Ever since the Curiosity Mars rover landed on the red planet, we've been waiting for it to do something really cool. Sure it's been up there snapping away with its cameras like a tourist, but now it has unleashed its mighty ChemCam laser, and started shooting a nearby rock.
The tennis-ball-sized rock, dubbed Coronation, was used essentially for target practice to make sure that the ChemCam's systems were all working properly. Once NASA's Jet Propulsion Laboratory gets all of Curiosity's gear calibrated, the ChemCam will move on to analyzing all kinds of Martian stuff.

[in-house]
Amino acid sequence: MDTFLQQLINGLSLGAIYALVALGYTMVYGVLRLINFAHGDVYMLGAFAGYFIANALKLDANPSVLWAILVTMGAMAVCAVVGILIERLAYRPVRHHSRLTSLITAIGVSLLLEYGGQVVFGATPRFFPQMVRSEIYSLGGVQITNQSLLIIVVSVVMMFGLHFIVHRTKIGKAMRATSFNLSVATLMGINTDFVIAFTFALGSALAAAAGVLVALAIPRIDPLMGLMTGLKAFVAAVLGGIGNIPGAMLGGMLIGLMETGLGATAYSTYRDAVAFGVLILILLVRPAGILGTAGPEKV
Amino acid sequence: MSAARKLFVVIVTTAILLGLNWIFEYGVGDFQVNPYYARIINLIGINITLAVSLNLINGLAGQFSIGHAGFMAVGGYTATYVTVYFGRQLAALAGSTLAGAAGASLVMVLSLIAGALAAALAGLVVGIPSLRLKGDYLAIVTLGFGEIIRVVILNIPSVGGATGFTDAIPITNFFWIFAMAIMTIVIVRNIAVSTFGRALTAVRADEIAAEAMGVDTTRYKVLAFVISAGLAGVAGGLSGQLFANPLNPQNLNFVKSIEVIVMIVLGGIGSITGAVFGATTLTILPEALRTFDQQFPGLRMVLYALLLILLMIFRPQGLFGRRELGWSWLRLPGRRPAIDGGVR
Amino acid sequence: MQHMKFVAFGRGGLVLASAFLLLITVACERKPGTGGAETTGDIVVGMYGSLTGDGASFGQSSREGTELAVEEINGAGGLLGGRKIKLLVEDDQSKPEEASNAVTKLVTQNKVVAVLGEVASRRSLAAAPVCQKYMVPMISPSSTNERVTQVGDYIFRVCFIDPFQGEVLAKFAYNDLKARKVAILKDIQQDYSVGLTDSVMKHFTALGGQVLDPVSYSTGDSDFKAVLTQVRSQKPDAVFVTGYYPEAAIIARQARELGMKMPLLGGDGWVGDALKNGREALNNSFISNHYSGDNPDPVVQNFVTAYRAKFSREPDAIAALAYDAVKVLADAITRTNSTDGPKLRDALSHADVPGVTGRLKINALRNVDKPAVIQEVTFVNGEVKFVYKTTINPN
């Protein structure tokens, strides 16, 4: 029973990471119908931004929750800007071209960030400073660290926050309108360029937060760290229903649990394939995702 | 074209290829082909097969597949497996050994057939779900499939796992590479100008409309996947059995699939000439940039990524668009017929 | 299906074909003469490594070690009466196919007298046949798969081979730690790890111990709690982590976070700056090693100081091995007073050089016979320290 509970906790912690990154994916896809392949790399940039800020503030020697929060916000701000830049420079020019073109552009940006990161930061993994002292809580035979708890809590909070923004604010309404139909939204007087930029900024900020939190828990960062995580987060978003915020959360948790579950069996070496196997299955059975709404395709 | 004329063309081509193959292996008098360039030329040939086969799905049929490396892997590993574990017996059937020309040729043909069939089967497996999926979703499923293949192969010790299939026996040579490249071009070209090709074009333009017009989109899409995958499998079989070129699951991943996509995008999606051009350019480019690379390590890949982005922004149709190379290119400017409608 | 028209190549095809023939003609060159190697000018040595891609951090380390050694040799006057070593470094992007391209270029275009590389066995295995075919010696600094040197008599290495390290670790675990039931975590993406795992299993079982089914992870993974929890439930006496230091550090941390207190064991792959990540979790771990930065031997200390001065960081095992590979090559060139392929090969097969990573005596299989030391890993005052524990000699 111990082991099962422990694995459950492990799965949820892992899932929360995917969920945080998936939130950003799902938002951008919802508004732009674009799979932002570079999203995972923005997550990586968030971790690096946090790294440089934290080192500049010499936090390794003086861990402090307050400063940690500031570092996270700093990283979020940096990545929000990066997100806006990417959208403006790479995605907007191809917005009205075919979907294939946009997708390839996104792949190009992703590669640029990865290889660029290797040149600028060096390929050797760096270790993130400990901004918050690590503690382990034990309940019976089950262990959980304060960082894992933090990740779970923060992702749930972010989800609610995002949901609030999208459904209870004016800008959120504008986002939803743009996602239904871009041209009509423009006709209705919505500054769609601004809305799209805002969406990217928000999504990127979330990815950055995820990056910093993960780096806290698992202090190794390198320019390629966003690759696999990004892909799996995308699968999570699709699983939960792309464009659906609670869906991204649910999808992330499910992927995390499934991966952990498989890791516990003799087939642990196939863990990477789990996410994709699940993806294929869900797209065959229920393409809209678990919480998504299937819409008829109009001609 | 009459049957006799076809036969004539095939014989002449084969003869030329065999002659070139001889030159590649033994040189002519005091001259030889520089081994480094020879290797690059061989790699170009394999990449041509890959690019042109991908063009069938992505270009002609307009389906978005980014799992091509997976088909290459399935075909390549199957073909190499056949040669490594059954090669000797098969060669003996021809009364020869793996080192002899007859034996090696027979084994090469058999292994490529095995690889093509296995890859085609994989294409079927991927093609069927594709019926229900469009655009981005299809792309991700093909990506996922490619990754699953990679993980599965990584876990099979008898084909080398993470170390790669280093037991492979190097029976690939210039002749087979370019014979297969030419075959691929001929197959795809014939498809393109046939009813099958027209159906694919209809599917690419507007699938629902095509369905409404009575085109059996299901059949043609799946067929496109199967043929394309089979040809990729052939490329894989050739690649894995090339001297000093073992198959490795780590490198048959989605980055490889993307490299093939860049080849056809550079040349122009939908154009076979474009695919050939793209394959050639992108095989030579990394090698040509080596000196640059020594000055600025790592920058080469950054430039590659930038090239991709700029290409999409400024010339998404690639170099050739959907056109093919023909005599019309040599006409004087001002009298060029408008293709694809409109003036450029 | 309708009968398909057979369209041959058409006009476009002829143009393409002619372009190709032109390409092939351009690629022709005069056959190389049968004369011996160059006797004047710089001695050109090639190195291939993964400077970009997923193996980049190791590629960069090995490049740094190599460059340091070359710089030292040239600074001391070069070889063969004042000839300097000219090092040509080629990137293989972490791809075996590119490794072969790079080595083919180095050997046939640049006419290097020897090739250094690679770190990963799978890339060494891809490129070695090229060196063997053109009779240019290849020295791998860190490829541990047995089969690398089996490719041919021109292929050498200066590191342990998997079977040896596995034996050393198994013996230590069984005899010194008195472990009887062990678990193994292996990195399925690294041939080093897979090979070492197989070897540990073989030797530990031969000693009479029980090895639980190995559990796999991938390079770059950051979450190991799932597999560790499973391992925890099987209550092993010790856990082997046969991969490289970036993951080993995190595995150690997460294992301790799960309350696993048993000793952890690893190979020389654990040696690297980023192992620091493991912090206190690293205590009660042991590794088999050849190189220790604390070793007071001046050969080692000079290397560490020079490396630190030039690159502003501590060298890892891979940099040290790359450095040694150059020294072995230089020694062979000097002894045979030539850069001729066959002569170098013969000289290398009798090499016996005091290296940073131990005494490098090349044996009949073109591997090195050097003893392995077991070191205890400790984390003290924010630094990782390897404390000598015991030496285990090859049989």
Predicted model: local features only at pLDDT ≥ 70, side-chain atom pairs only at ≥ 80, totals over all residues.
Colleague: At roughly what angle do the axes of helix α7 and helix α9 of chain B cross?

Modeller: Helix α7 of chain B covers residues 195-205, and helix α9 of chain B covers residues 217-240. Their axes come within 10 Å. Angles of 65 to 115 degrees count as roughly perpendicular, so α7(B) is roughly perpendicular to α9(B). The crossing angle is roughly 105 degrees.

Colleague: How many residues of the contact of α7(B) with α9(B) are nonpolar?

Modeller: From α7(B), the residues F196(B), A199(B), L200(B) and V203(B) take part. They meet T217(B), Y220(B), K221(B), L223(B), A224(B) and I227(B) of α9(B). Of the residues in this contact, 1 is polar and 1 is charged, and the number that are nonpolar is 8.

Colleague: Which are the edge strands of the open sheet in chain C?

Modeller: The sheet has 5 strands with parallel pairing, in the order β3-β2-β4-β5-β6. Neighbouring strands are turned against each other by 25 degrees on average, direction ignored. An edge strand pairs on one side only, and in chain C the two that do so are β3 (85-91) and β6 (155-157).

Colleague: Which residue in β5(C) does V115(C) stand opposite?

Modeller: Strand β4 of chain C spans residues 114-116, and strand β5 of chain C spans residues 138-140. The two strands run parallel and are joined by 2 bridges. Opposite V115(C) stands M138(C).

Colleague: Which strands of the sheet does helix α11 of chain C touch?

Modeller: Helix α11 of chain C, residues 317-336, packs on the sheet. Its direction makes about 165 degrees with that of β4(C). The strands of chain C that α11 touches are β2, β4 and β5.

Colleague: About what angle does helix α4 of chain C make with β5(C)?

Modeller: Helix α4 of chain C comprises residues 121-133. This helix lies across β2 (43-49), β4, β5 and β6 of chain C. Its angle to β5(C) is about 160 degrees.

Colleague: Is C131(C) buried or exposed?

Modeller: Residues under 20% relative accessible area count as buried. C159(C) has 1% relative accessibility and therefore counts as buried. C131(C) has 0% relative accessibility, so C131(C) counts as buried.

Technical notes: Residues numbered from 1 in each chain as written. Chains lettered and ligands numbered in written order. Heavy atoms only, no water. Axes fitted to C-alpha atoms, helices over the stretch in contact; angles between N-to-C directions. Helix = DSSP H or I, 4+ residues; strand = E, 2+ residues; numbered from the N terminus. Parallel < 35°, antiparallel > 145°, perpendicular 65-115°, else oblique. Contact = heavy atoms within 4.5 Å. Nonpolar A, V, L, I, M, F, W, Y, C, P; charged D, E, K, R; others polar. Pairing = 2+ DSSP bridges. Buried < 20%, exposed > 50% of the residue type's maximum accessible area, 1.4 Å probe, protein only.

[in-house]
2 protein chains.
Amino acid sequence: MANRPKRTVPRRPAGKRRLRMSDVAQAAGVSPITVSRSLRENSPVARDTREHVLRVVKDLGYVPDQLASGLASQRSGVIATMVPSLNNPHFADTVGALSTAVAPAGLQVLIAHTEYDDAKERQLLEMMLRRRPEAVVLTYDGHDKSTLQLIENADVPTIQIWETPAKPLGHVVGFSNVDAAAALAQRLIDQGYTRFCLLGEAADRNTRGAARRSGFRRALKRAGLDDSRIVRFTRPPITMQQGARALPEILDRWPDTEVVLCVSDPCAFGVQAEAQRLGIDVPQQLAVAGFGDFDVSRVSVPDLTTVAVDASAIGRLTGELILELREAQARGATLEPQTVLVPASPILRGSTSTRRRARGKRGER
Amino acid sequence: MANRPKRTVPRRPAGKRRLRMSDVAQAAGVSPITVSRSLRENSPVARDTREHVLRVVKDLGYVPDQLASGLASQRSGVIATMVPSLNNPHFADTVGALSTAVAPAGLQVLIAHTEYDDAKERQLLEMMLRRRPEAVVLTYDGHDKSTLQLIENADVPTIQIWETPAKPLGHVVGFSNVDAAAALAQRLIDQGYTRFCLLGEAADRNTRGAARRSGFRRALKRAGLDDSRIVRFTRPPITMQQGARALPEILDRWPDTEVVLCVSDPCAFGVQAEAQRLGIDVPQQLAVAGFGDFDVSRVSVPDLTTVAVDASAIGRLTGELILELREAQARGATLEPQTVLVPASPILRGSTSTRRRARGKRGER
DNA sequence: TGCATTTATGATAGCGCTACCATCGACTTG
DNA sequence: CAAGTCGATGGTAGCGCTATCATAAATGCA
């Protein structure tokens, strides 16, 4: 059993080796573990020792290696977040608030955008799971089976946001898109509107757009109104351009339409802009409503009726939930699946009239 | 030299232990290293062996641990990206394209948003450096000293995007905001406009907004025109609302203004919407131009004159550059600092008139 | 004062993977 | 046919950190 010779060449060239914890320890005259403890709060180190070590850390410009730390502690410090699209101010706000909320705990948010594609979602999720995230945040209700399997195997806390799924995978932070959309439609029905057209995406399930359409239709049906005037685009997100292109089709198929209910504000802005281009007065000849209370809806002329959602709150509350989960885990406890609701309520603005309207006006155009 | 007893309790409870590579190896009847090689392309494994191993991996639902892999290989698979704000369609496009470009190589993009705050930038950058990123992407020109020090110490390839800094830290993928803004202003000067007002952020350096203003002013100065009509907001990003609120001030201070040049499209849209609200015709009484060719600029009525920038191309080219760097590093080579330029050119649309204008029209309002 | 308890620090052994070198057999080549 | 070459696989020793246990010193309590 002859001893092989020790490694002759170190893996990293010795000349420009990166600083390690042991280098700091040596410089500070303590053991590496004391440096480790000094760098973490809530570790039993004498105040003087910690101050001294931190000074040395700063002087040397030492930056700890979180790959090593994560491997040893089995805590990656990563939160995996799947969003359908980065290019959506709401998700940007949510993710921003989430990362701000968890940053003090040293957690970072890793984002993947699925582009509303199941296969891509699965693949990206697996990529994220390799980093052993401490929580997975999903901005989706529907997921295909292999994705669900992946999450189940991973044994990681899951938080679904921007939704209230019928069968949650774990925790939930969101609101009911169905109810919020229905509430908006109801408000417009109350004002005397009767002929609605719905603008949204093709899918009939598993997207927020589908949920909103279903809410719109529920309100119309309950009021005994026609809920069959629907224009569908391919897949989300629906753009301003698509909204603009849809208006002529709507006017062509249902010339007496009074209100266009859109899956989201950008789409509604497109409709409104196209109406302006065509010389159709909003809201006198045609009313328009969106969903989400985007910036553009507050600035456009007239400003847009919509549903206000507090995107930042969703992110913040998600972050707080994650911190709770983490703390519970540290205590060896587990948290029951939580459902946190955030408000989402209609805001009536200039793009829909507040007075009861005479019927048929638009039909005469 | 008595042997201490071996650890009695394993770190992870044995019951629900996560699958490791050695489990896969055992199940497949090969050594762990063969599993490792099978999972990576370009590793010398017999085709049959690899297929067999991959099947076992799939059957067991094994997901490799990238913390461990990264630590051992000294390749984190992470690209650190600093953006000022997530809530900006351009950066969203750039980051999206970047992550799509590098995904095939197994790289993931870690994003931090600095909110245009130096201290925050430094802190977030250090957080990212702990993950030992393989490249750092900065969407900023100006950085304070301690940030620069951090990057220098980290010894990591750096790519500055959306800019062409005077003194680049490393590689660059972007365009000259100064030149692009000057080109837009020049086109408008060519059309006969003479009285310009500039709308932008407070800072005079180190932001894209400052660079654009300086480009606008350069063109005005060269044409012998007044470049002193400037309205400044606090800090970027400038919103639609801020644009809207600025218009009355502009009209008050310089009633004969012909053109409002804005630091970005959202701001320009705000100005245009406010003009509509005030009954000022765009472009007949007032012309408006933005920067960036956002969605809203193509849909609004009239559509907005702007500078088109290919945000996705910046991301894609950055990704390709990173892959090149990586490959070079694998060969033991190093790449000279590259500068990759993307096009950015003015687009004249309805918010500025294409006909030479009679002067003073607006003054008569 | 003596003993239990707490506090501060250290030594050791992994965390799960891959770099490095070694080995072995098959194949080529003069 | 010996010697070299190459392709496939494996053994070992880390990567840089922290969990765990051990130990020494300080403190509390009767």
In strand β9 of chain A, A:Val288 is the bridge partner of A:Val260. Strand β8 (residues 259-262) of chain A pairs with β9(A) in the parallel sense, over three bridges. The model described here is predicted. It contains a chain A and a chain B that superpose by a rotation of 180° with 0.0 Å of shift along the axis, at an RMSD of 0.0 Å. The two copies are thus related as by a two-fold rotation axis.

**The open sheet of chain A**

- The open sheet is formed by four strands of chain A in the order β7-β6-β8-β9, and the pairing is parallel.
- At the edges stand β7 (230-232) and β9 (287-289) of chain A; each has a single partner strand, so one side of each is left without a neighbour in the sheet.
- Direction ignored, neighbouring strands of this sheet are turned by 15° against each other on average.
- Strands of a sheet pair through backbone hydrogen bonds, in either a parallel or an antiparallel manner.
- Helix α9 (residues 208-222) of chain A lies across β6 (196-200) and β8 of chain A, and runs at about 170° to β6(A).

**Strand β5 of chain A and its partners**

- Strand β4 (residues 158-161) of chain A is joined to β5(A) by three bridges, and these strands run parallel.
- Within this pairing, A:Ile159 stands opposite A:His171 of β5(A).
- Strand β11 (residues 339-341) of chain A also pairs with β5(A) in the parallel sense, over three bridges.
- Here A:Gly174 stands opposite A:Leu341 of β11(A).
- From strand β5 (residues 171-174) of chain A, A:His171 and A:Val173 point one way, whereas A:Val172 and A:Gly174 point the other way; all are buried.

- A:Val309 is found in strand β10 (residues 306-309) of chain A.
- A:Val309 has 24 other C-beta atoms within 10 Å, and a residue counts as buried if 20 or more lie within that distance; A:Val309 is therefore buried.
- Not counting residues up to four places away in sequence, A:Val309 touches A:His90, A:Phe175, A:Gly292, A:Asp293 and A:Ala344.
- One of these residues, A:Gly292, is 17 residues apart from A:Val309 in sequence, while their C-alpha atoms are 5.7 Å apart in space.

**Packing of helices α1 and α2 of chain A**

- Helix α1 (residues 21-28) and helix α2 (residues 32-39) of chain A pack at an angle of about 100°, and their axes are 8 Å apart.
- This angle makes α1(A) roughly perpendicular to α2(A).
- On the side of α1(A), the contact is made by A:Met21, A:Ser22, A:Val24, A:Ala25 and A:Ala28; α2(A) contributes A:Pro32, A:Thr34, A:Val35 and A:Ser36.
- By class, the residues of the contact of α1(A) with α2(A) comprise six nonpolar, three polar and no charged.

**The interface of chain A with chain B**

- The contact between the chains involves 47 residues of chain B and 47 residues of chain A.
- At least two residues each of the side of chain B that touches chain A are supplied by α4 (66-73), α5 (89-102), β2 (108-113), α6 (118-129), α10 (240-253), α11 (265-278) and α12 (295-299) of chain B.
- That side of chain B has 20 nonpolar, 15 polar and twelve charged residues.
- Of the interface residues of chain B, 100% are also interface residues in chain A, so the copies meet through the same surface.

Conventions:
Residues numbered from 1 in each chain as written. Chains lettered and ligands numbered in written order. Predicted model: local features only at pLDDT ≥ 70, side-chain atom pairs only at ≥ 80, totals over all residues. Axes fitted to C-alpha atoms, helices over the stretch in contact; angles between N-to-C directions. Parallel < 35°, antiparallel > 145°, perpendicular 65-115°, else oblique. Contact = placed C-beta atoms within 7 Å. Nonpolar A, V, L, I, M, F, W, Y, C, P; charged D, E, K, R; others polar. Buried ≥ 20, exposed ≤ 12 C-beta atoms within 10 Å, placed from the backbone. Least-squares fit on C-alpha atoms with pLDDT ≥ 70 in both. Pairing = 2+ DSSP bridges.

For the test, the laser hit the rock with 30 pulses of infrared light, each just five-billionths-of-a-second long, but packing a million watts of power. As the hits blasted away at the surface of Coronation, a spectrometer recorded the color of the sparks generated so that scientists back on Earth can analyze the spectrum to determine the chemical composition of the rock and its covering dust.
After they learn what they can from zapping Coronation, they plan to turn the laser towards the gouges left in the Martian surface during the landing. Like everything else near the rover, they too have been given names, specifically Burnside, Goulburn, Hepburn and Sleepy Dragon. While Hepburn sounds like it might have been the best looking, it looks like Goulburn is scheduled to be the next zapee.